Intellectual Property Law and Food Security
Research Project

Reconceptualising Intellectual Property

This project investigates the formation of a comprehensive new, national-level intellectual property law in Ecuador – the Ingenios Code for the Social Economy of Knowledge, Creativity and Innovation. Of particular interest are the components of this law that relate to issues at the intersection of agriculture, food security, farmers' rights, and intellectual property. Thus, the project focuses primarily on unpacking provisions surrounding patents, plant breeders' rights, access to genetic resources, and equitable benefit sharing. In so doing, the project probes the realm of what previous scholars have termed "unused policy space" that may exist in intellectual property lawmaking.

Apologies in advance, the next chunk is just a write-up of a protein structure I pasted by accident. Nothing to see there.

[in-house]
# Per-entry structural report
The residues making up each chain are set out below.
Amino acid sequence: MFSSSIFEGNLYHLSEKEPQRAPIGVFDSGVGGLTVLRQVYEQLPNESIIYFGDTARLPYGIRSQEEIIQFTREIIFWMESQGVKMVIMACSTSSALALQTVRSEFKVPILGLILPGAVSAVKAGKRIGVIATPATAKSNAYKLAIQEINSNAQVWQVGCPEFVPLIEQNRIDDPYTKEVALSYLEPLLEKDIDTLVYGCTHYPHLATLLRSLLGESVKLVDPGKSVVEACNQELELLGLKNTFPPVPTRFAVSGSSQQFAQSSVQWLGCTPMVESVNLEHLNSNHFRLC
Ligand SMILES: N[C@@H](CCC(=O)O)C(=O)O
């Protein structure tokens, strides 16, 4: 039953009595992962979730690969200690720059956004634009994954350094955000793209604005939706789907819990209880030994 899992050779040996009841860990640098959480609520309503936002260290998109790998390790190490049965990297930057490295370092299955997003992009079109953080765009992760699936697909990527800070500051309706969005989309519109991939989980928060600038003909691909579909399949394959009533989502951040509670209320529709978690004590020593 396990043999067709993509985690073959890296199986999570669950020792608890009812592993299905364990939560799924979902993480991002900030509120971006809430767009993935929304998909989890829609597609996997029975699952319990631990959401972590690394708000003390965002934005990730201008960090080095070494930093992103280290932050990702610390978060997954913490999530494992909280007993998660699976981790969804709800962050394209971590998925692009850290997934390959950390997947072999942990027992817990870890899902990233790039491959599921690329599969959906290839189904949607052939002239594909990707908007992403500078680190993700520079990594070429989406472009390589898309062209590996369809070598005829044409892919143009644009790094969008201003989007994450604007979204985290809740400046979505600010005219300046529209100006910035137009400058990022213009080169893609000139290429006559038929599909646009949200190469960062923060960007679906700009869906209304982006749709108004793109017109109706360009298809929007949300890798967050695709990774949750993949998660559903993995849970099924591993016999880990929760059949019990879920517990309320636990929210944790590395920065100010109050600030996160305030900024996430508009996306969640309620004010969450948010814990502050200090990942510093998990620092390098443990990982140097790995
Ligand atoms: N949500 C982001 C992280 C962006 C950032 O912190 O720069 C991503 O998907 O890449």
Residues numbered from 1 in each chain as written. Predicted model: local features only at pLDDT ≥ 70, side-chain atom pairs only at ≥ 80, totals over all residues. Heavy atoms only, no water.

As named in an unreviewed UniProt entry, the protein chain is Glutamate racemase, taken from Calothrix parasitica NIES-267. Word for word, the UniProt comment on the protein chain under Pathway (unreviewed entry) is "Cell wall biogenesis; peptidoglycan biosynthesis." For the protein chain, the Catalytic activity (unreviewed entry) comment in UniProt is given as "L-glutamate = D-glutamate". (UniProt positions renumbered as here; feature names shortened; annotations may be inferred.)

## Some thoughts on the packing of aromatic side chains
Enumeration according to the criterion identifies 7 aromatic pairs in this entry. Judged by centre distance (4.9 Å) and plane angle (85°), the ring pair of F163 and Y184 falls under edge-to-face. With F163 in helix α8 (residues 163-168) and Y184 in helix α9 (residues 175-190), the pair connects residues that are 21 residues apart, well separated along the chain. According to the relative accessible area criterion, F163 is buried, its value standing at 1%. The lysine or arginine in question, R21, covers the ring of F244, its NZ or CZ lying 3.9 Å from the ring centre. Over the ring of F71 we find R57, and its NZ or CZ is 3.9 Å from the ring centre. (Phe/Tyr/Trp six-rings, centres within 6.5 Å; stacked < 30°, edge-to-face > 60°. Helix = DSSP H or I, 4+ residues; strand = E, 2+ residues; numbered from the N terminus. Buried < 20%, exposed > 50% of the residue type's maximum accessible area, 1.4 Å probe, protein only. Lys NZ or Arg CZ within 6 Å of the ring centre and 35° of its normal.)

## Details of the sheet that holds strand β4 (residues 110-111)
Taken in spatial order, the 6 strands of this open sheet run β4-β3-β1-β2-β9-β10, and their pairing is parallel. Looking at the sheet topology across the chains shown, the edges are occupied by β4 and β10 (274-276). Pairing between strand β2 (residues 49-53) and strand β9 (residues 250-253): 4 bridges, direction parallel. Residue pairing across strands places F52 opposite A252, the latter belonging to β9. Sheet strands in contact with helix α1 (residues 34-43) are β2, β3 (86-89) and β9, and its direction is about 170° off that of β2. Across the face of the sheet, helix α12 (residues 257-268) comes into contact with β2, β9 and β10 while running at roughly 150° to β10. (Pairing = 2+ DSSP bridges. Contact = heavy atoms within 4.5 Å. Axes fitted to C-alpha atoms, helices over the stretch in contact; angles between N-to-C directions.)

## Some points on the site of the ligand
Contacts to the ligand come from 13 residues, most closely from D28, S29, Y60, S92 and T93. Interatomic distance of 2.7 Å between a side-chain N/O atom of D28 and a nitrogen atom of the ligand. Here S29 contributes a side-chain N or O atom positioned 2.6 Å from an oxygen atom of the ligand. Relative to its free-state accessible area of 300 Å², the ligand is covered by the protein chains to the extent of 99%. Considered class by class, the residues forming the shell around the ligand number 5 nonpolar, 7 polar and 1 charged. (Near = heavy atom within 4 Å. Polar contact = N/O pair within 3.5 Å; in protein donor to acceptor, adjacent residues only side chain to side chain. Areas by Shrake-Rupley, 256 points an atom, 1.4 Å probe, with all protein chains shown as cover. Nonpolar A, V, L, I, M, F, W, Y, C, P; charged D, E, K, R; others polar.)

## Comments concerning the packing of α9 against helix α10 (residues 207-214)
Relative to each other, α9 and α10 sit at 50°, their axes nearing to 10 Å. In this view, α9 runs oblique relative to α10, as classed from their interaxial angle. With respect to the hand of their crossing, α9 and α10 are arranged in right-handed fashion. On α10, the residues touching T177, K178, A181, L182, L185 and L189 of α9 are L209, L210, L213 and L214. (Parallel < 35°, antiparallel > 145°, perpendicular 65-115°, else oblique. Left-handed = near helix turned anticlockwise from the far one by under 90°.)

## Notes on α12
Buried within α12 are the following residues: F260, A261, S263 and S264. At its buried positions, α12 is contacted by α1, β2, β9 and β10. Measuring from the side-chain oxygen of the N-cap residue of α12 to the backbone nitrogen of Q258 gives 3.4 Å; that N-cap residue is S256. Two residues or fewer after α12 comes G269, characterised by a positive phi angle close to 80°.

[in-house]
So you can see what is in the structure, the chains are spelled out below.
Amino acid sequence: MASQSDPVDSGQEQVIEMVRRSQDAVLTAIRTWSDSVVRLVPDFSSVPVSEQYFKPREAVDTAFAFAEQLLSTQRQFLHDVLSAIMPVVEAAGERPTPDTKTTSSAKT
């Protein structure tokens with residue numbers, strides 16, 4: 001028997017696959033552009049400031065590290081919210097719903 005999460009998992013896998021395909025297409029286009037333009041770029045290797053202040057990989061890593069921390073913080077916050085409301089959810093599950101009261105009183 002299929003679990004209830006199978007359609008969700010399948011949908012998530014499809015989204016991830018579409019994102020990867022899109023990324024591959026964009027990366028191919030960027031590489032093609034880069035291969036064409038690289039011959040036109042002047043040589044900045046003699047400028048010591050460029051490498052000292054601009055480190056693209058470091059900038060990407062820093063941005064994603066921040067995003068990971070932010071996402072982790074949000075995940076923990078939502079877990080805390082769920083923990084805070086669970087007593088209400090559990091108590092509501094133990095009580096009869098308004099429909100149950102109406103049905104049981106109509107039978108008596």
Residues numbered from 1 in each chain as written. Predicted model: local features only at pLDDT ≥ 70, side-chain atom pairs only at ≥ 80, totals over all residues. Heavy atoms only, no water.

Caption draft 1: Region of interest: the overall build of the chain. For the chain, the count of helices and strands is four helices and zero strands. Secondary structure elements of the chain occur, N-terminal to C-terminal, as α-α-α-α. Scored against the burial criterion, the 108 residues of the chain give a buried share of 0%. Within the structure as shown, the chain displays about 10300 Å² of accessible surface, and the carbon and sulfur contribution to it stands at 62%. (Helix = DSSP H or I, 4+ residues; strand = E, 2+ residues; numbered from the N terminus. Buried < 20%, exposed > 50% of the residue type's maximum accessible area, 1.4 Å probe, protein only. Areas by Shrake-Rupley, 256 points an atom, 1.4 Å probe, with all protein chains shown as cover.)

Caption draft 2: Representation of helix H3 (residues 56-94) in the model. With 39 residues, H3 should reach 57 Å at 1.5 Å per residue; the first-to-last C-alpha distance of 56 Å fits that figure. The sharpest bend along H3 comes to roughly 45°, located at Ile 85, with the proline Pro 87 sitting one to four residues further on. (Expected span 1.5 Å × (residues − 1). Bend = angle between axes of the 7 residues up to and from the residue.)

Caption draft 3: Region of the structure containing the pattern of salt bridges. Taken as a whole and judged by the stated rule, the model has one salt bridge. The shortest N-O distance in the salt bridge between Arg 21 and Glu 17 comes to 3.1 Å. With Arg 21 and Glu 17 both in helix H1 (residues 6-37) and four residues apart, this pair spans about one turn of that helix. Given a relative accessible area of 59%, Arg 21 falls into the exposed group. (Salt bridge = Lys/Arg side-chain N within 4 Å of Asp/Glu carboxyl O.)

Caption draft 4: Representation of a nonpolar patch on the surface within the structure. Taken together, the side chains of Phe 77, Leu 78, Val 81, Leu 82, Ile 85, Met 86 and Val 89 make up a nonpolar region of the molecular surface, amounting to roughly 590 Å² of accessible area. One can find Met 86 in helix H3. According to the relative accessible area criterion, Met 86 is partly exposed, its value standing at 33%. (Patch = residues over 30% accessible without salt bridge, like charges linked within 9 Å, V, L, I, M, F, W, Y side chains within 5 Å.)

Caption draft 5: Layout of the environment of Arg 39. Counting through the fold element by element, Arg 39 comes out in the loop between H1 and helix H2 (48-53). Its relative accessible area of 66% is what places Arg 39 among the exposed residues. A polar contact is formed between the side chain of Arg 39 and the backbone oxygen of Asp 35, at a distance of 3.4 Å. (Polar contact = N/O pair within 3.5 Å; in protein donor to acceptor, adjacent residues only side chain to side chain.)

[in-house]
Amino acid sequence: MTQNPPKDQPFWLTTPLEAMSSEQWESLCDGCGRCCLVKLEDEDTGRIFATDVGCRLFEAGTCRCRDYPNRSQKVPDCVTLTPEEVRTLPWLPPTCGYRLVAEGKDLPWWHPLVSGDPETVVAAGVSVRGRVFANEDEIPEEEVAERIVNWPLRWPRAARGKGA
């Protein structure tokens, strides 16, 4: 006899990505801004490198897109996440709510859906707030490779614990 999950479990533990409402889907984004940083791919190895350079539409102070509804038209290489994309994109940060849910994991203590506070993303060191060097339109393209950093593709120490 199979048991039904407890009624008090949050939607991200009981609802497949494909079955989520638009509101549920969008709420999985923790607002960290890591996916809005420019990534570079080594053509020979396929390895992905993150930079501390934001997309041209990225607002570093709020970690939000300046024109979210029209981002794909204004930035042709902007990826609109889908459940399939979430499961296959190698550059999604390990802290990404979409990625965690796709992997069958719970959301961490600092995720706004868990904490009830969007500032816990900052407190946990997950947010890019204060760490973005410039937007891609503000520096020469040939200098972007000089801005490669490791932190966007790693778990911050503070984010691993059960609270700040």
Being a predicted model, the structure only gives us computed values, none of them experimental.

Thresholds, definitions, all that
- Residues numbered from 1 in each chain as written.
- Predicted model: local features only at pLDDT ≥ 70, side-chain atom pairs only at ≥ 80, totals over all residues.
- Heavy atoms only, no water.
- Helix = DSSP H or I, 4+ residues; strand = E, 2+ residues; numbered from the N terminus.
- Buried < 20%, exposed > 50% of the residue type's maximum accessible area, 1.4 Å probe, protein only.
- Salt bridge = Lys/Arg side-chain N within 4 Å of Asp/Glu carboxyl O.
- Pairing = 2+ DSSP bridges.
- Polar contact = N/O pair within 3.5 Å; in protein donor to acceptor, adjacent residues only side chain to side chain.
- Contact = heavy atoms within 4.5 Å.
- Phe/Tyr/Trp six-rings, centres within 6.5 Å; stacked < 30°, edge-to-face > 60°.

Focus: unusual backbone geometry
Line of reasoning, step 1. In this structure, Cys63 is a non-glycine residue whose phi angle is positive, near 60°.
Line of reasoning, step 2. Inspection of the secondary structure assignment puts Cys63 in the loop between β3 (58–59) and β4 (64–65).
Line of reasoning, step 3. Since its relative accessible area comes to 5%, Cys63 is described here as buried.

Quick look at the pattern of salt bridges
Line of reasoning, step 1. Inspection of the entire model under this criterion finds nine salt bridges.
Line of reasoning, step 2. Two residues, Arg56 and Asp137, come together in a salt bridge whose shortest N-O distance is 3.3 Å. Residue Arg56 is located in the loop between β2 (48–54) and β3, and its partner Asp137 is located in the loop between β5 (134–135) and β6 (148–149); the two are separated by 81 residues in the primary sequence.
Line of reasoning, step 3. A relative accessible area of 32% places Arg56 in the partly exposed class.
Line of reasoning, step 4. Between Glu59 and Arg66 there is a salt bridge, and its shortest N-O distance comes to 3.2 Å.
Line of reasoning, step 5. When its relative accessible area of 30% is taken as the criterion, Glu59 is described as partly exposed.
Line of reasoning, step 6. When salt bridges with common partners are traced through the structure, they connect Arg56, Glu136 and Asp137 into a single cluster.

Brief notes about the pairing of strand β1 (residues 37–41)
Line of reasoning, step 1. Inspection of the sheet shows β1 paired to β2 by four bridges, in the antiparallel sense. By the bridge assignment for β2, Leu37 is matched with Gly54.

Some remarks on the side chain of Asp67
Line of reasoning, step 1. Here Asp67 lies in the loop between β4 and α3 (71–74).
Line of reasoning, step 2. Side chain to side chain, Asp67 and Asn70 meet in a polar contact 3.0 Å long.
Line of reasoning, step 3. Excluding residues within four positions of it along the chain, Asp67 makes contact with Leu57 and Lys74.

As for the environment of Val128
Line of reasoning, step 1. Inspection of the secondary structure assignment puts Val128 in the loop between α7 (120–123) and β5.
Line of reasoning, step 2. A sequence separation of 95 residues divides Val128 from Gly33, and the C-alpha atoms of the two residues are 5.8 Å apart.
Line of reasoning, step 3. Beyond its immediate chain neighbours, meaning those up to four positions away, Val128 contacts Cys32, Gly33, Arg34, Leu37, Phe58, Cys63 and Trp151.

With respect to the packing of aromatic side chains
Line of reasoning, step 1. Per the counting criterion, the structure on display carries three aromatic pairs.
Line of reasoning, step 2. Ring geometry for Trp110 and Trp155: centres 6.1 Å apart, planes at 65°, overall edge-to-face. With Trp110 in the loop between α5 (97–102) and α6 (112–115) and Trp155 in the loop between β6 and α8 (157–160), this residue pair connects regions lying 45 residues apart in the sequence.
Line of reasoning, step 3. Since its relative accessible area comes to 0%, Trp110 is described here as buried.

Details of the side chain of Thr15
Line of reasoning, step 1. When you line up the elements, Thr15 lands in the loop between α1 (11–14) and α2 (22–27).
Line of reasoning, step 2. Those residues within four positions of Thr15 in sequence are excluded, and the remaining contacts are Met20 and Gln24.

The essential inquiry is, where and how, given the contemporary landscape of multilateral and bilateral treaty obligations, are countries able to innovate when reshaping national-level intellectual property laws? In other words, how can intellectual property be radically remade to better accommodate local interests while still complying with international obligations? Ultimately, the project contributes to both international legal scholarship and national policymaking initiatives, by helping developing countries to understand how they can realise goals such as agricultural development and farmers' rights through intellectual property laws, in a way that would be meaningful to local populations.